Describe one of the farthest/coolest/most ambitious trips you’ve ever taken in your EV.
We’ve never driven on a long trip without using gas. But we went to Patrick’s Point in Humboldt County for a camping wedding and the car did great capturing lots of electric charge on the downhills and keeping our MPG pretty high.
What is the number-one thing you think could be done to encourage more people to go hybrid/electric?
A plug-in hybrid is a very easy way to enter the world of EVs, and can be a good option for people not yet ready to take the plunge of going fully electric. I would suggest everyone thinking about getting an EV do it sooner rather than later because the public incentives available now may not last forever. You’ll save at the dealership, at the pump, and in your conscience, so it’s a win-win-win!
The EV&Me blog was created by Hannah Safford, Researcher for the UC Davis Policy Institute for Energy, Environment, and the Economy. The original post is located on the UC Davis Institute for Transportation Studies web page. Browse on over for instructions on how to submit your EV story!
EV owners/drivers wishing to be featured in an upcoming EV&Me post can self-nominate by filling out this form. Note that the blog is not limited to Davis residents. Nominations are welcome from all over! EV drivers and owners are also encouraged to share their stories using the hashtag #EVandMe.
For more information about electric vehicles and rebates, check out the Cool Davis Drive Electric web page.
Cool Davis is a coalition of citizens, the City of Davis, and community organizations working to empower our community to reduce greenhouse gas emissions.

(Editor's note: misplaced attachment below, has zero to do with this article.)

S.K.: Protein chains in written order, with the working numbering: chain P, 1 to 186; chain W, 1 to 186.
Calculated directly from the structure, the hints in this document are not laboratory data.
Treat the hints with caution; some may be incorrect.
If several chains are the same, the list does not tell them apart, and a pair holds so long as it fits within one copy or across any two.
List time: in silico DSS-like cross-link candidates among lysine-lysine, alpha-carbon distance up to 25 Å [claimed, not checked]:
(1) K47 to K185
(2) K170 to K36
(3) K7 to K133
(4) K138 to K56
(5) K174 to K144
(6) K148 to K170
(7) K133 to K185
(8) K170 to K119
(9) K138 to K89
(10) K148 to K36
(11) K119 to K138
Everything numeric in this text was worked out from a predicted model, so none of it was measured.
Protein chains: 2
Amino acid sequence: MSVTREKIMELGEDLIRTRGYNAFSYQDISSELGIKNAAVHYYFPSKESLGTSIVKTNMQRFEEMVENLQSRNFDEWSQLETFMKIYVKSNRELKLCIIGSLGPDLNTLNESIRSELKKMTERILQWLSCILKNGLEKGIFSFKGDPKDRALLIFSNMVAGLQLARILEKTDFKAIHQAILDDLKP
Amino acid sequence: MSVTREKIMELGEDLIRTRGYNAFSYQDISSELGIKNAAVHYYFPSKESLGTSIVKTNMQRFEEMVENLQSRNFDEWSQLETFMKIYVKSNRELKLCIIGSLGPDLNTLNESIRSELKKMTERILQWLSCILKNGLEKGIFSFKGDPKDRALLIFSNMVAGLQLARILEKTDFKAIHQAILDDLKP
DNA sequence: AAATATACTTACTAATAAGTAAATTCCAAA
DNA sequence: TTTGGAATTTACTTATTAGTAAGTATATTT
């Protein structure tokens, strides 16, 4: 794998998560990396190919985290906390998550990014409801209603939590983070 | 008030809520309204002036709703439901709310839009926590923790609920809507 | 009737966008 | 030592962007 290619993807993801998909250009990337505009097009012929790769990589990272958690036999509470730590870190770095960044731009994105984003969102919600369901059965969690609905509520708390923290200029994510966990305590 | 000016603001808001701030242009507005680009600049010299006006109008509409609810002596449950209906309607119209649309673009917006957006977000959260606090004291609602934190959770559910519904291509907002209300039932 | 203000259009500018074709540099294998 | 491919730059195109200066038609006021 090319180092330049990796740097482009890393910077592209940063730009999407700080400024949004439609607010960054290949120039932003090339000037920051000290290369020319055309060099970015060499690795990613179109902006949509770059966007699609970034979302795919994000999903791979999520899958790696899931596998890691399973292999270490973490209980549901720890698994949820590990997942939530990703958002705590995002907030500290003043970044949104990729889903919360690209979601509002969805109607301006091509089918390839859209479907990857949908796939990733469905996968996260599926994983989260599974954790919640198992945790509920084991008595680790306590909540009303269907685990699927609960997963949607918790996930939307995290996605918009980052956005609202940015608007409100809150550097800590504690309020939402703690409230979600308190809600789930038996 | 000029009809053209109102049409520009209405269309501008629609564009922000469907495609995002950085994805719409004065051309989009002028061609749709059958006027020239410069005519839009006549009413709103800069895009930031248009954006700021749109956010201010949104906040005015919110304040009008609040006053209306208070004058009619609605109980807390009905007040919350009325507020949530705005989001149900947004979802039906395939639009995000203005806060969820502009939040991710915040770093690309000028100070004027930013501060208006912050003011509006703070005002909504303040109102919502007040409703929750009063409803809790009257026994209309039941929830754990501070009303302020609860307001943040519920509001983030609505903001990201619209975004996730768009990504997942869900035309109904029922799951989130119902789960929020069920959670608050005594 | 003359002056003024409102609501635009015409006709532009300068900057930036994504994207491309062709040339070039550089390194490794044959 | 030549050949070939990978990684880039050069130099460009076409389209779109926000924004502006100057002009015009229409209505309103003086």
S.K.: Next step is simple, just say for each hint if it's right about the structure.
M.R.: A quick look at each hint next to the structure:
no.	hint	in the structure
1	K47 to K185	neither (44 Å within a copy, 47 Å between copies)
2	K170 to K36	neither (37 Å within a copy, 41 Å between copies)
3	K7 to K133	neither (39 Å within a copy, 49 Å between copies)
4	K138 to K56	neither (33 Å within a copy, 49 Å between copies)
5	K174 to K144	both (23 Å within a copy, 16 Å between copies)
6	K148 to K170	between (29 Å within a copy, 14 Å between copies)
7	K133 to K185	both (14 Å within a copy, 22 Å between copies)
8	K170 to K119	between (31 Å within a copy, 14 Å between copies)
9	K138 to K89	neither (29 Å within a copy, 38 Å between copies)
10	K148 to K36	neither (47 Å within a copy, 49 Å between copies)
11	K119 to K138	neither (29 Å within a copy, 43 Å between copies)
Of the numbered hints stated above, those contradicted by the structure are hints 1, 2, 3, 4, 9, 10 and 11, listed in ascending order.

High school, junior high, and college students from all around the country will be attending summer Youth4Climate Camps. Join the ongoing Session I: June 29 – July 24, 2020 or register ahead for Session II: July 27 – August 21, 2020.
Youth4Climate Summer Camp (Virtual) - Youth4Climate350
Session I: June 29 – July 24, 2020 Session II: July 27 – August 21, 2020 Previous Next Why Y4C? Program details Find your voice at Y4C What stud...
UCD student offers online climate camp
UCD student offers online climate camp
UC Davis student Megan Phelps, affiliated with Climate Strike Davis and Climate Reality Project Campus Corps at UC Davis, is helping to put on a digit...
“Just this month, Arctic temperatures reached new highs at 30°C/86°F”
PART I: 2020 Article Series ‘Looking Back, Looking Forward’ - Cool Davis
Recognizing the climate science, recommiting to action On June 10, 2010, the City of Davis adopted its first Climate Action and Adaptation Plan, layin...
Register now for Davis Futures Forum featuring Rick Cole, former City Manager for the City of Santa Monica. Cole: “Solving our nation’s most pressing challenges starts at home.” @CityofDavis @bikedavis @DavisVanguard @lucasfrerichs
Community Engagement Starts@Home with Rick Cole - Cool Davis
Thursday, June 25th, 7- 8:30 pm via Zoom